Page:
Just this week, the U.K. Department for International Development came under fire after it confirmed that almost half a million pounds of its humanitarian supplies were pillaged by al-Shabab, a militant group linked to al-Qaida. DfID responded that incidents like this are the risk of working in fragile states.

But for a country ranked second in the Humanitarian Outcomes’ list of nations with the highest rate of deliberate acts of violence against aid workers, MSF’s withdrawal could not have come at a worse time, especially with a new outbreak of polio reported in April.

MSF just doesn’t share donors’ optimism over Somalia.

“We can only talk from our own experience, but our decision … shows that … the exceptional humanitarian needs in the country have pushed MSF and its staff to tolerate unparalleled levels of risk — much of it borne by MSF’s Somali colleagues — and to accept serious compromises to its operational principles of independence and impartiality,” said Arjan Hehenkamp, general director of MSF Holland. “[But] the situation in the country has created an untenable imbalance between risks and compromises.”

No transition process

The situation on the ground was so extreme that the organization decided to just pack up and go, without a transition process.

That means that practically overnight, patients will no longer be able to receive pediatric intensive care in Mogadishu or any type of medical attention in most suburbs and towns around the country. The closure will also put an end to free primary health care, malnutrition treatment, maternal health, surgery, epidemic response, immunization campaigns, water and relief supplies.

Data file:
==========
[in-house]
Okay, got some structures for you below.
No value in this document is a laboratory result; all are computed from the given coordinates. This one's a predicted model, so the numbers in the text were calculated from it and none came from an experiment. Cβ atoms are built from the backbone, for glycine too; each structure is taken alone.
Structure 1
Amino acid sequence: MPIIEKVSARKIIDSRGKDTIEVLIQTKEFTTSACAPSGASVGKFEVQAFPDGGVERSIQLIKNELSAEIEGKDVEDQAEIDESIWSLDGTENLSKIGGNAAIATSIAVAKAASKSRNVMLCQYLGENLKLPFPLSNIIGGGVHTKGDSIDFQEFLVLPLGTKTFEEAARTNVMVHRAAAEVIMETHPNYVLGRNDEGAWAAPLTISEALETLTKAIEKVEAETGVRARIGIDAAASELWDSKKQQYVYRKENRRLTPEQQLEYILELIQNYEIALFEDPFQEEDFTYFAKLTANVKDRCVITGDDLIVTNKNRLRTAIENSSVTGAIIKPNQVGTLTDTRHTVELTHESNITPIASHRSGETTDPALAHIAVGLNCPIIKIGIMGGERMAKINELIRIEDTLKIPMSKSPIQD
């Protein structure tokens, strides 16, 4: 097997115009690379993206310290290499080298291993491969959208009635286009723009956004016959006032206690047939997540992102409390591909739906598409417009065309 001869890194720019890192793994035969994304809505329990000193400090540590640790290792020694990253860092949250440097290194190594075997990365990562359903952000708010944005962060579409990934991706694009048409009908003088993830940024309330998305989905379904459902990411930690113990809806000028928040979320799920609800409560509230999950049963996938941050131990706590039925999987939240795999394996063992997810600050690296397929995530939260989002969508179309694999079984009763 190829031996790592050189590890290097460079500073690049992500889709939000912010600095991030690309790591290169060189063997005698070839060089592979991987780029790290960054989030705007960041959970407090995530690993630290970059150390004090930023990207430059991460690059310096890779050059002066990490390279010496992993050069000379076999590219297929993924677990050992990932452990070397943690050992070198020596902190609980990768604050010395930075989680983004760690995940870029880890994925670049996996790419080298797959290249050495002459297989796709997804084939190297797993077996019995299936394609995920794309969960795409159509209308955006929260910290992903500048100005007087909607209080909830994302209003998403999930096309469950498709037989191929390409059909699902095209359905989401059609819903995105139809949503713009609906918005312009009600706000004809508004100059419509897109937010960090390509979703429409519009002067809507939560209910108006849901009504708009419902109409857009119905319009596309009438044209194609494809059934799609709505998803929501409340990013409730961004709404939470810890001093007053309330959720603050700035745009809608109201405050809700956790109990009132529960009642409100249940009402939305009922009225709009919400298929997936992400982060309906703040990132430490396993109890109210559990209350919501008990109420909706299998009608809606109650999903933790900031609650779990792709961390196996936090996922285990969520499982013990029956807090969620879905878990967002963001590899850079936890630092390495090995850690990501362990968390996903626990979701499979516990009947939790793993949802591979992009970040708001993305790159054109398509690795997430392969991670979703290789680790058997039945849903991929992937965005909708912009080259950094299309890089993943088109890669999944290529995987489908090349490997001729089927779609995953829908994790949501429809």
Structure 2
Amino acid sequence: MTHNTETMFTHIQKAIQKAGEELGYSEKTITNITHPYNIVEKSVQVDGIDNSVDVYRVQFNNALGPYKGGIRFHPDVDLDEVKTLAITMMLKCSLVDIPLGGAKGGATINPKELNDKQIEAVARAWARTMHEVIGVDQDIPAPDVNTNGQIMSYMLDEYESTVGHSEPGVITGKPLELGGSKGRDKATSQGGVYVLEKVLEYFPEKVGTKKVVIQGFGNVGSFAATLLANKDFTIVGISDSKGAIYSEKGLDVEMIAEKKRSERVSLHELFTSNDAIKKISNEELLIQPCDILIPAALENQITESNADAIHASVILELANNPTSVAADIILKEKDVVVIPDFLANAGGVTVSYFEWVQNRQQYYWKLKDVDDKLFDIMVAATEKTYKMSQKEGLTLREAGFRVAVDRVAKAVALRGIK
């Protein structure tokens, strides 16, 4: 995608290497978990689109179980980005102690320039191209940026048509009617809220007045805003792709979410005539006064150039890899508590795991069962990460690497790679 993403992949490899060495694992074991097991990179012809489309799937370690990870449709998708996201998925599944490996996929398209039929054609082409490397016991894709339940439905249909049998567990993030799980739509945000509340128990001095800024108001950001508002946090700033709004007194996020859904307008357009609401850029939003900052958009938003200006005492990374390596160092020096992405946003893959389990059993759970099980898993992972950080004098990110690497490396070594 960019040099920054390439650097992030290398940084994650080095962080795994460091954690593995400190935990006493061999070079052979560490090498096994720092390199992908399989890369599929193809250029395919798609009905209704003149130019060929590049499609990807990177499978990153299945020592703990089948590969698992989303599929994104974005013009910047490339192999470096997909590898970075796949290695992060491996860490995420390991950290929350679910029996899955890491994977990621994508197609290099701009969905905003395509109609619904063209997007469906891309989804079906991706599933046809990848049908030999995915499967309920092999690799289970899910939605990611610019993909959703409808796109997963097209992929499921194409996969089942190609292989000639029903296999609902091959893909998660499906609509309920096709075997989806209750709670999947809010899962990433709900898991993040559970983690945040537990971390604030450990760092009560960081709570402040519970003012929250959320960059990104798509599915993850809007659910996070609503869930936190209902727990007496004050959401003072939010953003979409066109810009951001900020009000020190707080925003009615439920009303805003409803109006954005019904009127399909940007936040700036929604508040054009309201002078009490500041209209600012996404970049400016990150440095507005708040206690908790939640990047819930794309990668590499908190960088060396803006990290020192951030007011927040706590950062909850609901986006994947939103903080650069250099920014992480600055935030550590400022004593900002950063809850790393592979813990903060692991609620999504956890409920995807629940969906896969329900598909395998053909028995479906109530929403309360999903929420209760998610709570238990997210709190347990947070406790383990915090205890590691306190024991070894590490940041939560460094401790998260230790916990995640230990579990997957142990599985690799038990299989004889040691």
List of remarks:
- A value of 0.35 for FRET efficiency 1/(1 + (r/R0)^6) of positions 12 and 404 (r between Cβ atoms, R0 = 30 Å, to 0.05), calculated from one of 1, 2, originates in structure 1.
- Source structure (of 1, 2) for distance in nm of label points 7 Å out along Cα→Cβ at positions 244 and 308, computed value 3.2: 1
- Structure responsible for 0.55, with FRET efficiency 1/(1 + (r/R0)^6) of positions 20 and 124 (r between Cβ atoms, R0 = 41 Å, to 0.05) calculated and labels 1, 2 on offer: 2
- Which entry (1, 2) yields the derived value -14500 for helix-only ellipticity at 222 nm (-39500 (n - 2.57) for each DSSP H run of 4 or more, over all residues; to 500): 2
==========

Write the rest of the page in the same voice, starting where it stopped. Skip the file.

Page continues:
“This is one of the toughest decisions that MSF has had to take,” noted Hehenkamp, who explained that their priority now is to pull out of the country “in a responsible manner” and do the utmost to minimize the consequences of the withdrawal for Somalis currently under their care.

In 2012 alone, MSF teams provided more than 624,000 medical consultations, admitted 41,100 patients to hospitals, cared for 30,090 malnourished children, vaccinated 58,620 people, and delivered 7,300 babies in Somalia.

As for if they are willing to return in the future, the organization is ready to engage in negotiations for acceptable conditions for humanitarian aid to resume, but they are aware this will not be an easy process with quick solutions and will take time.

“We [will] need to see all actors in Somalia demonstrating through their actions a willingness and ability to facilitate the provision of humanitarian assistance to the Somali people and respect for the safety of the humanitarian aid workers who risk their lives to care for them,” said Hehenkamp.

Kelli Rogers and Carlos Santamaria contributed reporting.

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About the author

  • Jenny Lei Ravelo

    Jenny Lei Ravelo is a Devex Senior Reporter based in Manila. She covers global health, with a particular focus on the World Health Organization, and other development and humanitarian aid trends in Asia Pacific. Prior to Devex, she wrote for ABS-CBN, one of the largest broadcasting networks in the Philippines, and was a copy editor for various international scientific journals. She received her journalism degree from the University of Santo Tomas.